The Beast then returned to me and I could tell it was much softer and wrappable after this third visit. We took it with us for a week at our cottage where we hammocked it and used it on a few adventures. 
Now we're back in Ottawa and the school year has begun. The Beast is transformed into The Beauty and has a pic to prove it. These photos, taken by Kim Brooks at Breathe In Photography, are used in the Sling Library and they truly show off this wrap as a true Ottawan Beauty.
Thank you Wrap Your Baby for this most awesome of gifts! We love it and look forward to having more members show off their babies in it.

Sunday, 8 September 2013

COTW #32 - All about Mei Tais

by Aline Kelly

A Mei Tai (MT) is a traditional Asian carrier that consists of a rectangular piece of cloth with four straps that are tied around the wearer. These carriers are appreciated for being highly customizable to different sizes of users and can be used for front, back, or hip carries. 

Detailed information on Mei Tais and their different features: 

General instructions: 
When using a Mei Tai, in most cases you tie the waist on first, situate baby, then fasten the shoulder straps. 

Waist straps
The waist straps of the carrier are tied in a secure double knot around the wearer's midsection. For smaller babies, the carrier can be rolled at the waist in order to reduce the height (link below). Taller babies may need the waist straps tied lower on your hips, or for a high back carry, the waist straps can be tied right underneath the bust for maximum height. 


Shoulder straps
Options for tying your shoulder straps are numerous. Here are some common ties. I encourage everyone to add their own in the comments!:
For front carries, shoulder straps should be crossed over the back in an X. Further options include:
- Tie behind baby's back
- Tie under baby's bum
- Do full leg passes (over first knee, under the second) and tie behind your back
- Do a lexi twist behind baby's back and tie behind your back.
- Do reinforced passes over baby's back and bum and tie where comfortable

*Note that in infants under 3 months or so, straps should cross or be tied at mid-back to add extra support. This helps prevent chin-to-chest positioning.

With back carries, straps will come over both shoulders. From there you can: 
- Tie under bum
- Do full leg passes (over the first knee, under the second) and tie in front
- Cross diagonally over your chest and tie in front or back
- Do reinforced passes (spread across back/bum) and tie where comfortable
- Tie a half knot at chest and tie behind your back
- Possibilities are endless. More alternate finishes are linked below. 

Keep in mind that baby cannot pop their seat in a Mei Tai. Passes going under the knees aren't necessarily required unless you would like to include them. 

Photo Instructions for various carries:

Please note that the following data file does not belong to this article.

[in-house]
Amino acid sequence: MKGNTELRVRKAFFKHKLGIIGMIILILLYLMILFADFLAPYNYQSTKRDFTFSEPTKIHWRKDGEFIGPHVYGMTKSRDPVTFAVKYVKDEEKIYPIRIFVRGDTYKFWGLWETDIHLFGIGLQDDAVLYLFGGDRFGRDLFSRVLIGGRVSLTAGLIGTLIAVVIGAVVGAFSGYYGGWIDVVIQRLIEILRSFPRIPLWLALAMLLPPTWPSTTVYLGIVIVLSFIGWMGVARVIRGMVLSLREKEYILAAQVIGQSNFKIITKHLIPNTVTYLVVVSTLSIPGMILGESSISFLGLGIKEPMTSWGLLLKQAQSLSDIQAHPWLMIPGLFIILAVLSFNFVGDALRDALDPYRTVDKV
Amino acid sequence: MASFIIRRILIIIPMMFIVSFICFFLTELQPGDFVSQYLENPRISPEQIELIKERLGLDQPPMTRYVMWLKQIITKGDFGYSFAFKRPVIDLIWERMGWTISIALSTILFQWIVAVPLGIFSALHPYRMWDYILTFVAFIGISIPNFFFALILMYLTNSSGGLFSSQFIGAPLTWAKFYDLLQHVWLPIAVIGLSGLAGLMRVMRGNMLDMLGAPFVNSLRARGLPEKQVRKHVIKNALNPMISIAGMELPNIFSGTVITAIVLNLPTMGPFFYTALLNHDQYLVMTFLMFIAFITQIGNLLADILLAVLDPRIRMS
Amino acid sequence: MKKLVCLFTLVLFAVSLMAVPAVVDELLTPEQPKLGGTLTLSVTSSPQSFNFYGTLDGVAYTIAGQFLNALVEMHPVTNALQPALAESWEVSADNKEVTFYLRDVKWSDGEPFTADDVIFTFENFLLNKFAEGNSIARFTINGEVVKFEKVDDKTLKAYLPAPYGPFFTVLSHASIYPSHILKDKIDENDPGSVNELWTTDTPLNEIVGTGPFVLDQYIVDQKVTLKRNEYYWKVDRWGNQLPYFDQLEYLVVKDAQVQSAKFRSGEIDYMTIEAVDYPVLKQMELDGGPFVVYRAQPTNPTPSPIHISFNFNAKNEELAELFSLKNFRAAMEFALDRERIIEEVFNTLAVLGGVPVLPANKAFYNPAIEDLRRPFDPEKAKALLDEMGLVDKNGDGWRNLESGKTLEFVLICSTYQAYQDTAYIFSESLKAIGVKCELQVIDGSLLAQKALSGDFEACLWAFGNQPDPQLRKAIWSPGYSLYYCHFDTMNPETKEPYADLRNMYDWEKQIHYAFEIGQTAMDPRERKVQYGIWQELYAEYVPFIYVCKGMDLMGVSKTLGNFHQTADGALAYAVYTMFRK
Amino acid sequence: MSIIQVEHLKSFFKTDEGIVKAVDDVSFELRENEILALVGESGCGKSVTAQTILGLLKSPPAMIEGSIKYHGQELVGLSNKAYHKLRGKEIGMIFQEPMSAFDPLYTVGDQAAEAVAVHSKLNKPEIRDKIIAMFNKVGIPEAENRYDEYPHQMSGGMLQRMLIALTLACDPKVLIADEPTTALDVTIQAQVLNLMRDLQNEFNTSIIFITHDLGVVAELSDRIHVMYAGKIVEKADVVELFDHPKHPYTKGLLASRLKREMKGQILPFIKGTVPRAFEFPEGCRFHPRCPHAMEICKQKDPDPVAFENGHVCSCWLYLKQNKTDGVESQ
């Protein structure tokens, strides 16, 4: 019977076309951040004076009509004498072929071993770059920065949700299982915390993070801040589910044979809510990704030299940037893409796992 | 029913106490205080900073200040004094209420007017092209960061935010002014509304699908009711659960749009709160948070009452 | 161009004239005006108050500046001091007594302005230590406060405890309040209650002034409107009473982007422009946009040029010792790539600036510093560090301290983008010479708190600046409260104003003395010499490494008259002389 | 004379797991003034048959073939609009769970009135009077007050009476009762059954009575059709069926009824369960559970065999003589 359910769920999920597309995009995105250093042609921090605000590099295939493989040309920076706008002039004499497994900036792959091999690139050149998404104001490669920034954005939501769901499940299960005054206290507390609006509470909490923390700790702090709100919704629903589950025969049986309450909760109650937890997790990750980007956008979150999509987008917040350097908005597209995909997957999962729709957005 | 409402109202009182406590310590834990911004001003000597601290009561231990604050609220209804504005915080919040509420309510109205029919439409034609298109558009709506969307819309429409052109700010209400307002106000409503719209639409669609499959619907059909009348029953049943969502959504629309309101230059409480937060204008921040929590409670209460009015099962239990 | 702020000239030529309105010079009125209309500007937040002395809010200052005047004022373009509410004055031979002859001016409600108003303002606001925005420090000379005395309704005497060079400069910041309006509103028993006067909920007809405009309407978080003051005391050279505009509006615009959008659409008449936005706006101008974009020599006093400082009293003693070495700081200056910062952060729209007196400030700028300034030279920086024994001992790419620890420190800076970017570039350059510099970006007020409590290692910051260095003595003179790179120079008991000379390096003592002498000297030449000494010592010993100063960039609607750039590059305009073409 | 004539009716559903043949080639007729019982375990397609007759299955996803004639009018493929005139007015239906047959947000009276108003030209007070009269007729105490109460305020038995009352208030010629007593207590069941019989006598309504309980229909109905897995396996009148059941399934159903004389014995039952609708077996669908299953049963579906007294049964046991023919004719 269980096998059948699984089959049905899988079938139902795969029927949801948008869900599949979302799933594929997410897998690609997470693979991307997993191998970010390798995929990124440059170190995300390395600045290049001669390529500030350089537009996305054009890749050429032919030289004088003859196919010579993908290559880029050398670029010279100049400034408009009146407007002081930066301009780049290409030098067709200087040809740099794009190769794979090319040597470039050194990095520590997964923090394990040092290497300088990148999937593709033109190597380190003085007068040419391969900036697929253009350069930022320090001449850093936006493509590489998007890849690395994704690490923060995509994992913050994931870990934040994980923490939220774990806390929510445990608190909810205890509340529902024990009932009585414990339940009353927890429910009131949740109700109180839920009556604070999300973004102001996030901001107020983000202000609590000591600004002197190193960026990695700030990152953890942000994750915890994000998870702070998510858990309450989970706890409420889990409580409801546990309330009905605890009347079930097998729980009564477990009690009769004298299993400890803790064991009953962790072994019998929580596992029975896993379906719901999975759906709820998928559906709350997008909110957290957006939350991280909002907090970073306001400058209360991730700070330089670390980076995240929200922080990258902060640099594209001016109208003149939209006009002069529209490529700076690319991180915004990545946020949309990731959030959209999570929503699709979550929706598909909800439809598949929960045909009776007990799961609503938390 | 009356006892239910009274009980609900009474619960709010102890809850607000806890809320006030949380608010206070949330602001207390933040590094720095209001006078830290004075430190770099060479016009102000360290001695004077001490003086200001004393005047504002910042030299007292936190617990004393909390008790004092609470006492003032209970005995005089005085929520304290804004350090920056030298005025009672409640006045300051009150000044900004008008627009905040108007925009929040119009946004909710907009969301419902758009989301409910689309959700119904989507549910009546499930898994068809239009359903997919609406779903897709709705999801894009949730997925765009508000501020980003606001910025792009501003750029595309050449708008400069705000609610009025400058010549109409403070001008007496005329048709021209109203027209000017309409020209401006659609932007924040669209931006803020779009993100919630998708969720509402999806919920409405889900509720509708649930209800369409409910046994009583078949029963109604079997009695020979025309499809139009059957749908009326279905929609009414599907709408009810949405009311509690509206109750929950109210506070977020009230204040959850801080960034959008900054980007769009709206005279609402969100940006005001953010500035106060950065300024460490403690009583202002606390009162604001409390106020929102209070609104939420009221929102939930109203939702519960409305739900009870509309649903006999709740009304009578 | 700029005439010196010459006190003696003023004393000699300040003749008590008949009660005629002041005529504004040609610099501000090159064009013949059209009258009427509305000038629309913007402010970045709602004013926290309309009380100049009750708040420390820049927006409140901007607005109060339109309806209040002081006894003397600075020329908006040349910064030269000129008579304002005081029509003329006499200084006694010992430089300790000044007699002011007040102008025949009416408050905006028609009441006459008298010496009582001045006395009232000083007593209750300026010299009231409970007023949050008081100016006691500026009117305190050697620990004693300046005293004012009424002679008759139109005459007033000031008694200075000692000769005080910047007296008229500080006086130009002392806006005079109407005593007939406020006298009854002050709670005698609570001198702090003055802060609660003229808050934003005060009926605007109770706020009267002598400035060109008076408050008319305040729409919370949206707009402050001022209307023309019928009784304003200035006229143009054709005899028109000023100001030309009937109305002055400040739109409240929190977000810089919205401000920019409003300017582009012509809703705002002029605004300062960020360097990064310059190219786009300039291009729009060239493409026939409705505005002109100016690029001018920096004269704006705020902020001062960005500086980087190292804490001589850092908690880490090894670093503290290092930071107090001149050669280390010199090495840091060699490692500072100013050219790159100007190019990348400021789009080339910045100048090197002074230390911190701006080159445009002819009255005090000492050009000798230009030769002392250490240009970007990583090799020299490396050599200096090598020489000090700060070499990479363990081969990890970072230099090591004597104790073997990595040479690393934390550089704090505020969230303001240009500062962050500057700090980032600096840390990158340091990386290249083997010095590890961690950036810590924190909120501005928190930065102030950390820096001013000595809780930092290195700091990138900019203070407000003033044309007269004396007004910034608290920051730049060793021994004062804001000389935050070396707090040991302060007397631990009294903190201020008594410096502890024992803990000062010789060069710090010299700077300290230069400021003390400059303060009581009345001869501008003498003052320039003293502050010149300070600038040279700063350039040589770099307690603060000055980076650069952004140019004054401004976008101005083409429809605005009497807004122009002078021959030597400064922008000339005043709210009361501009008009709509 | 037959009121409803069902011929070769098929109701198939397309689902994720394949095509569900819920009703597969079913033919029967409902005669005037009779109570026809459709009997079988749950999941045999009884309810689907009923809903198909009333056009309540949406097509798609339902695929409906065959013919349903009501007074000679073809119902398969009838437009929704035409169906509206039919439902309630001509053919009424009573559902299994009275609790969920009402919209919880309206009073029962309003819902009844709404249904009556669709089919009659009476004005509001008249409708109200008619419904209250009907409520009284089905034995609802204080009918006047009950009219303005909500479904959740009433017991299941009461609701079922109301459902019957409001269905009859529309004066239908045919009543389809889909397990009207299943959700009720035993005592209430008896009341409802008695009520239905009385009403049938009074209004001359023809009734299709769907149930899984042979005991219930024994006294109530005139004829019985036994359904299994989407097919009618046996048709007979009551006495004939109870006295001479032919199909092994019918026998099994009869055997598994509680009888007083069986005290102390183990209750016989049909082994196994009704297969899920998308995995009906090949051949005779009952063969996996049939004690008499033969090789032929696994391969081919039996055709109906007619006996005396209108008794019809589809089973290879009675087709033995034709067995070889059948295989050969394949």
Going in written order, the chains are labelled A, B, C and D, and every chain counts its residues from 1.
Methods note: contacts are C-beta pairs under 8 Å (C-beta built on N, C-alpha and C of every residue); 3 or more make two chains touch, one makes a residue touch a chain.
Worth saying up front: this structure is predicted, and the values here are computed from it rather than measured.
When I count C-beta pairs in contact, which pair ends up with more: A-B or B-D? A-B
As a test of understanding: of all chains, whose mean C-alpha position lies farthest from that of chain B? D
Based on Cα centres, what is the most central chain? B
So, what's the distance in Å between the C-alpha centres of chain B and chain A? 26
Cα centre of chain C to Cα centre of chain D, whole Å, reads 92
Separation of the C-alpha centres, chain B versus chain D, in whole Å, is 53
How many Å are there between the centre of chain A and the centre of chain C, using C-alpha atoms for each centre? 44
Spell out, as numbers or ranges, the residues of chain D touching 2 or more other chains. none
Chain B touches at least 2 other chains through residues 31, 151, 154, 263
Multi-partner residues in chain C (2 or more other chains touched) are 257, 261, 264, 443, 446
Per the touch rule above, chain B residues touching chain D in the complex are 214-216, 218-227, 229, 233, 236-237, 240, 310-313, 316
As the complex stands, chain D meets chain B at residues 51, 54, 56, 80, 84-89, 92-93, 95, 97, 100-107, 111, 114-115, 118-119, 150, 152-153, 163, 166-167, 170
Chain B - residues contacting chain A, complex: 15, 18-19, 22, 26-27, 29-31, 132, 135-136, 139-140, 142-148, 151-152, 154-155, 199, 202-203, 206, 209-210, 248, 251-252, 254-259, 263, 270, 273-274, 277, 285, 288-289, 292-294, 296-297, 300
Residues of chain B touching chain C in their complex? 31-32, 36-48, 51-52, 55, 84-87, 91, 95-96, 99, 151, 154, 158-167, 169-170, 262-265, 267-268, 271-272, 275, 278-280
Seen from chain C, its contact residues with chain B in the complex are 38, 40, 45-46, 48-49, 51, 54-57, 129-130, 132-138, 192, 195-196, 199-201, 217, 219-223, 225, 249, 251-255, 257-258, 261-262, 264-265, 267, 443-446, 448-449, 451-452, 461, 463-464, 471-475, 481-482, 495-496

Video instructions: 
Front carry: (BecomingMamas) - Newborn

Back carry: (BecomingMamas) Newborn and Toddler demos (Obimama) Toddler with spread wrap straps

Hip carry:

Nursing in a Mei Tai:

Alternate finishes (PaxBaby) - Sling ring at chest

Wednesday, 4 September 2013

Tuesday, 3 September 2013

Making A Wrap Conversion Ring Sling

by Rebecca Hickman

This is part 2 of chopping a wrap. The first part walked through selecting a wrap, and cutting it into a shorter length. This tutorial assumes you’re using a wrap piece with an unhemmed edge, however, the same instructions apply if you’re starting from a whole wrap.

If you’re interested in making a ring sling from a completely unhemmed piece of fabric you bought from the fabric store, there are some additional steps you need to do (namely hemming the other three sides of the fabric) that I’m not discussing here. Jan Andrea of Sleeping Baby Productions has exceptionally good information on making baby carriers, safety, copyright and the like. In particular, she has good information on selecting fabrics and rings that you should probably read regardless.  If you’re interested in hemming your own fabric, she also has a good tutorial on how to use a hemming foot.

Selecting a Shoulder Style
Shoulder style for a ring sling is a uniquely individual preference. Many people adore Sleeping Baby Production’s pleated shoulder (she has instructions for personal use only on how to do this on her website). A simple gathered shoulder is very easy to do with some simple sewing skills and proper measuring and marking. Jan Andrea has good descriptors of the various kinds of shoulders.  In this tutorial, I'm making a gathered ring sling with some pleats thrown in. This is similar to the shoulder on some commercially available ring slings – I love a gathered shoulder, took a look at one and decided to try something similar. If you don’t think your sewing skills are up to making your own ring sling, SewFunky and Metamorphosis are some Canadian converters to consider.

  • Sling rings
  • Soft tape measure
  • Pins
  • Stitch ripper
  • Removable marker or chalk
  • Rotary cutter, mat & rulers (preferred) or scissors & large flat surface
  • Iron
  • Hem measuring tool (optional)
  • Sewing machine with new needle
  • Thread that matches thread used in existing hems (I used Mettler silk finish here, but Gutterman is also good and readily available)